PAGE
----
By European Communities, 2009. Today, entire economies are judged by the investment they make in education, science and technology, culture and innovation. Knowledge, particularly scientifically validated knowledge, is critical for turning the increasingly complex challenges society faces into opportunities for more sustainable development, achieving the Millennium Development Goals and implementing other joint commitments. Scientific relations between what is now the European Union and Africa date back more than 25 years to the launch of the first Science and Technology for Development Programme (STD) in 1983 and have steadily developed since. Under the 6th Research Framework Programme (FP6: 2002-2006), teams from 51 of the 53 African countries filed 3,888 applications for participation in research and other collaborative projects together with their peers from Europe and other continents. 873 of these applications from 39 African countries were successful and received funding of some €93 M.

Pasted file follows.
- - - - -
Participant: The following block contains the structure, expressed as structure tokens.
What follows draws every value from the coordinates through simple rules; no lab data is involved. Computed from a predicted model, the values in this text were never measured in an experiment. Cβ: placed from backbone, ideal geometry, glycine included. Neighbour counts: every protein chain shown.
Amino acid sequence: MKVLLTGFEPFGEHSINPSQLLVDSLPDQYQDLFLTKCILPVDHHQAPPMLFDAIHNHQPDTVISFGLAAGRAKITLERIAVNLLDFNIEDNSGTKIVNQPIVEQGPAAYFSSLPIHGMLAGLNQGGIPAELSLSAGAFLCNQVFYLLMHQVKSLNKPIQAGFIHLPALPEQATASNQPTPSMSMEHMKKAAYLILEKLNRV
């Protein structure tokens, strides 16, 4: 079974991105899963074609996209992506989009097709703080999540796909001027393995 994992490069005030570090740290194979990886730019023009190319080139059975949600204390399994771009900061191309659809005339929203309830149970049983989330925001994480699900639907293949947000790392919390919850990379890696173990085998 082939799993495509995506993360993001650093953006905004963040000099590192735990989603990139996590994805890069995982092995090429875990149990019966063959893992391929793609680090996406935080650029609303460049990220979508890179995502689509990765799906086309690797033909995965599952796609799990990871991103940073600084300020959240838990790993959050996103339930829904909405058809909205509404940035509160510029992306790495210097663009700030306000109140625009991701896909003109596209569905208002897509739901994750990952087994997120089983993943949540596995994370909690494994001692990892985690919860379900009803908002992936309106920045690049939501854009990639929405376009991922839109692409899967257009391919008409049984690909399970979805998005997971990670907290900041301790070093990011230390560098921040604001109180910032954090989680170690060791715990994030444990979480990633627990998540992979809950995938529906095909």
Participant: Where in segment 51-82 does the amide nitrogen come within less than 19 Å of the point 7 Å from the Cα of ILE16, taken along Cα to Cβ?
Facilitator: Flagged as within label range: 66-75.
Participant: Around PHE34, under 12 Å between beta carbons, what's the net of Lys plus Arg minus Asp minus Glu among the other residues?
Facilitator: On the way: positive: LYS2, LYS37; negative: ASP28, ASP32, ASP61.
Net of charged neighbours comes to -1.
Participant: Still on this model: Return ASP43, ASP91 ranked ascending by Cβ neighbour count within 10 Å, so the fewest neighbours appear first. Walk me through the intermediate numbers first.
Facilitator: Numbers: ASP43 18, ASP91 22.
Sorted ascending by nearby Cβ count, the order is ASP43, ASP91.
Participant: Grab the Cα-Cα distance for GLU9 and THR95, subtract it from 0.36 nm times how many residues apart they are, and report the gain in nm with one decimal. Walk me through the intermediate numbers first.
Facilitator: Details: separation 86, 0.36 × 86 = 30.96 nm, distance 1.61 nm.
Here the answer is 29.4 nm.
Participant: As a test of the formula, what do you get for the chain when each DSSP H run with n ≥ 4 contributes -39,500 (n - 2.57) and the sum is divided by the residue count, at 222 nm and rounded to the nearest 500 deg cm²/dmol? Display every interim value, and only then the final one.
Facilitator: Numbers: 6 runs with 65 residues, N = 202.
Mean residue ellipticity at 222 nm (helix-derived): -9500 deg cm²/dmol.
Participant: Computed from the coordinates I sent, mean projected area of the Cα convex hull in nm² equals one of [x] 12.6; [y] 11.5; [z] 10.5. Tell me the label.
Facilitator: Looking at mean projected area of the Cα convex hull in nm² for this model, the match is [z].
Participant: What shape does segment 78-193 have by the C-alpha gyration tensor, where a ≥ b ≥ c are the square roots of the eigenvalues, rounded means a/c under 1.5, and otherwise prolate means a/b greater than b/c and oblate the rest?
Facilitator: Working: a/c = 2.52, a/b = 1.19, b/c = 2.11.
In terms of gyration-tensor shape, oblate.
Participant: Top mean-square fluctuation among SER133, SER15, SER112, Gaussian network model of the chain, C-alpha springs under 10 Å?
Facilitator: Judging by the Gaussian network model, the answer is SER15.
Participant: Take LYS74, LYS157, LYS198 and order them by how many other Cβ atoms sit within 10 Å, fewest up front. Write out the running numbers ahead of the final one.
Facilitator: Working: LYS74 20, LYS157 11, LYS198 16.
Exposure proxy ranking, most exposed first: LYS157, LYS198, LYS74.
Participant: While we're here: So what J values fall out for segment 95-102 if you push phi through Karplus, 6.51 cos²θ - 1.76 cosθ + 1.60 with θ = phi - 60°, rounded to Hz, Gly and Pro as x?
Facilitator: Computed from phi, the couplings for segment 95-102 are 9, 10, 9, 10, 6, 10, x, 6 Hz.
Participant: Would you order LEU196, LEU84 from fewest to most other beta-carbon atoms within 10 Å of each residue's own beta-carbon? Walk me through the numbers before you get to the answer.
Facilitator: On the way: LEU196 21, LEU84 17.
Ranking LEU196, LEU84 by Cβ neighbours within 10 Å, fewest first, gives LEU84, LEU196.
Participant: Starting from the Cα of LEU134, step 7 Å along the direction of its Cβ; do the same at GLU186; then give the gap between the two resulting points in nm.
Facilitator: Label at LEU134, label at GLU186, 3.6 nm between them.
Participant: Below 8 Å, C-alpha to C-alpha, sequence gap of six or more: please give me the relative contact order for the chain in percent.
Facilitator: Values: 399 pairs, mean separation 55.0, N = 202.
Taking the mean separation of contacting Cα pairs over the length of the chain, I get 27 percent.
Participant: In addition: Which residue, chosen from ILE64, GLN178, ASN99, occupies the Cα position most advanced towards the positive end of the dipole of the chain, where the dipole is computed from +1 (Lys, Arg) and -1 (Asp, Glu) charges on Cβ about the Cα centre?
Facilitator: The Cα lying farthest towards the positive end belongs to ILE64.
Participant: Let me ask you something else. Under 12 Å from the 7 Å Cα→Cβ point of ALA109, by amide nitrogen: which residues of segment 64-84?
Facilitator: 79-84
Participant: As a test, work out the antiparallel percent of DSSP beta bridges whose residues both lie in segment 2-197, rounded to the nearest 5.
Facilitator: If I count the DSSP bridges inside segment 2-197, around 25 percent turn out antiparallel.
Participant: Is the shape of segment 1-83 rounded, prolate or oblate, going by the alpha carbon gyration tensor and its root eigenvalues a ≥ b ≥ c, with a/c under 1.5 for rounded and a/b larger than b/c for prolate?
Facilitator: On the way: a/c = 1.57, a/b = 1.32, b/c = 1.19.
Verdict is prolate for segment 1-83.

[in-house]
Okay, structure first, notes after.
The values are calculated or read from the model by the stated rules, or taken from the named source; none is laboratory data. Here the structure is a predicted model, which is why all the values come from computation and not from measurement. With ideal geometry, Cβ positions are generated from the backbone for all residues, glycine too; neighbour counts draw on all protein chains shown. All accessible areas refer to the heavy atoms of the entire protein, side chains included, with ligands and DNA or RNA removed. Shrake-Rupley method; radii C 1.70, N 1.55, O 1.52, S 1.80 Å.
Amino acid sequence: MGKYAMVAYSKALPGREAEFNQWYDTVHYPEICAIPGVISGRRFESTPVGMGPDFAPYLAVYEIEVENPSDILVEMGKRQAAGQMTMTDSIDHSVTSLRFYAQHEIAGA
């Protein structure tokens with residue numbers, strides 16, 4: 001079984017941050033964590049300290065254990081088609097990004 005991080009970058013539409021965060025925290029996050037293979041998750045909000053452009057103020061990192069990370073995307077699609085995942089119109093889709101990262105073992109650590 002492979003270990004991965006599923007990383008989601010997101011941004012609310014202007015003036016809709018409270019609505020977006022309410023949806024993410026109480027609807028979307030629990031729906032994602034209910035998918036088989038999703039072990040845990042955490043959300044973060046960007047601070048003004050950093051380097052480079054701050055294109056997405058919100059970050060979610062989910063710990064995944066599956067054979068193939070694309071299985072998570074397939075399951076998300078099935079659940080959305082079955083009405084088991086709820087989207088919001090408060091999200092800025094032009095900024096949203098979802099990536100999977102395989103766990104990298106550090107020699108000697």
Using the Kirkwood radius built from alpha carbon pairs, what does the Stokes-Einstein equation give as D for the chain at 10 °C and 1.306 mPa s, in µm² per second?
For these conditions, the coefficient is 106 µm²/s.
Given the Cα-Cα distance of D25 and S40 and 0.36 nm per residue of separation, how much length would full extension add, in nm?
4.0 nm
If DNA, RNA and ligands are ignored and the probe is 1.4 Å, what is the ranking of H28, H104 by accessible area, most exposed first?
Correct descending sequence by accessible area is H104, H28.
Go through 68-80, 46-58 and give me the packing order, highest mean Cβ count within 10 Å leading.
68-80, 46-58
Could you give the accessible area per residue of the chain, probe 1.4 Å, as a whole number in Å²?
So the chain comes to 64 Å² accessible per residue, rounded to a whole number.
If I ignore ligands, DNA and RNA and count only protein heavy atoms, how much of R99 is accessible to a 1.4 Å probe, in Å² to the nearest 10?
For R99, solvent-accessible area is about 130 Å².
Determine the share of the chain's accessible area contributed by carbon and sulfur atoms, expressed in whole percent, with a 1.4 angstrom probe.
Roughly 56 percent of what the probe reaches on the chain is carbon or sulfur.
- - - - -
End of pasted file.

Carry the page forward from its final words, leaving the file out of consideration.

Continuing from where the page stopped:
The Marie Curie Initial Training Network (ITN) project, “Biochemical and Genetic Dissection of Control of Plant Nutrition” (also known as “Bionut”), brings together eight of Europe’s top plant research institutes, lead by scientists from the John Innes Centre (UK). Each institute will host one PhD student, and the studentships will be linked to ensure that a fully integrated approach is taken to get the whole picture of plant nutrition. This integration is a key feature of the network, as it advances the science beyond focussing on one mineral nutrient, such as nitrogen or sulphur, to look at the combined nutritional needs of the plant. The results will be brought together to produce the most complete mathematical model of plant nutrition to date. This European research initiative will take steps to understand how crop plants use available nutrients, and address the need for crop varieties that produce higher yields with lower inputs and reduced environmental impact. The integrated approach adopted by the initiative will draw on the complementary skills and specialties of the research groups. Geneticists will screen for undiscovered genes involved in controlling plant nutrition, and systems biologists, biochemists and plant physiologists will combine to work out the functions of these genes. Other partners will focus on the translation of this research into crop plants in the field, ensuring the pipeline from the laboratory to the field is fully covered by this project. (Source: John Innes Centre, 5 April 2011)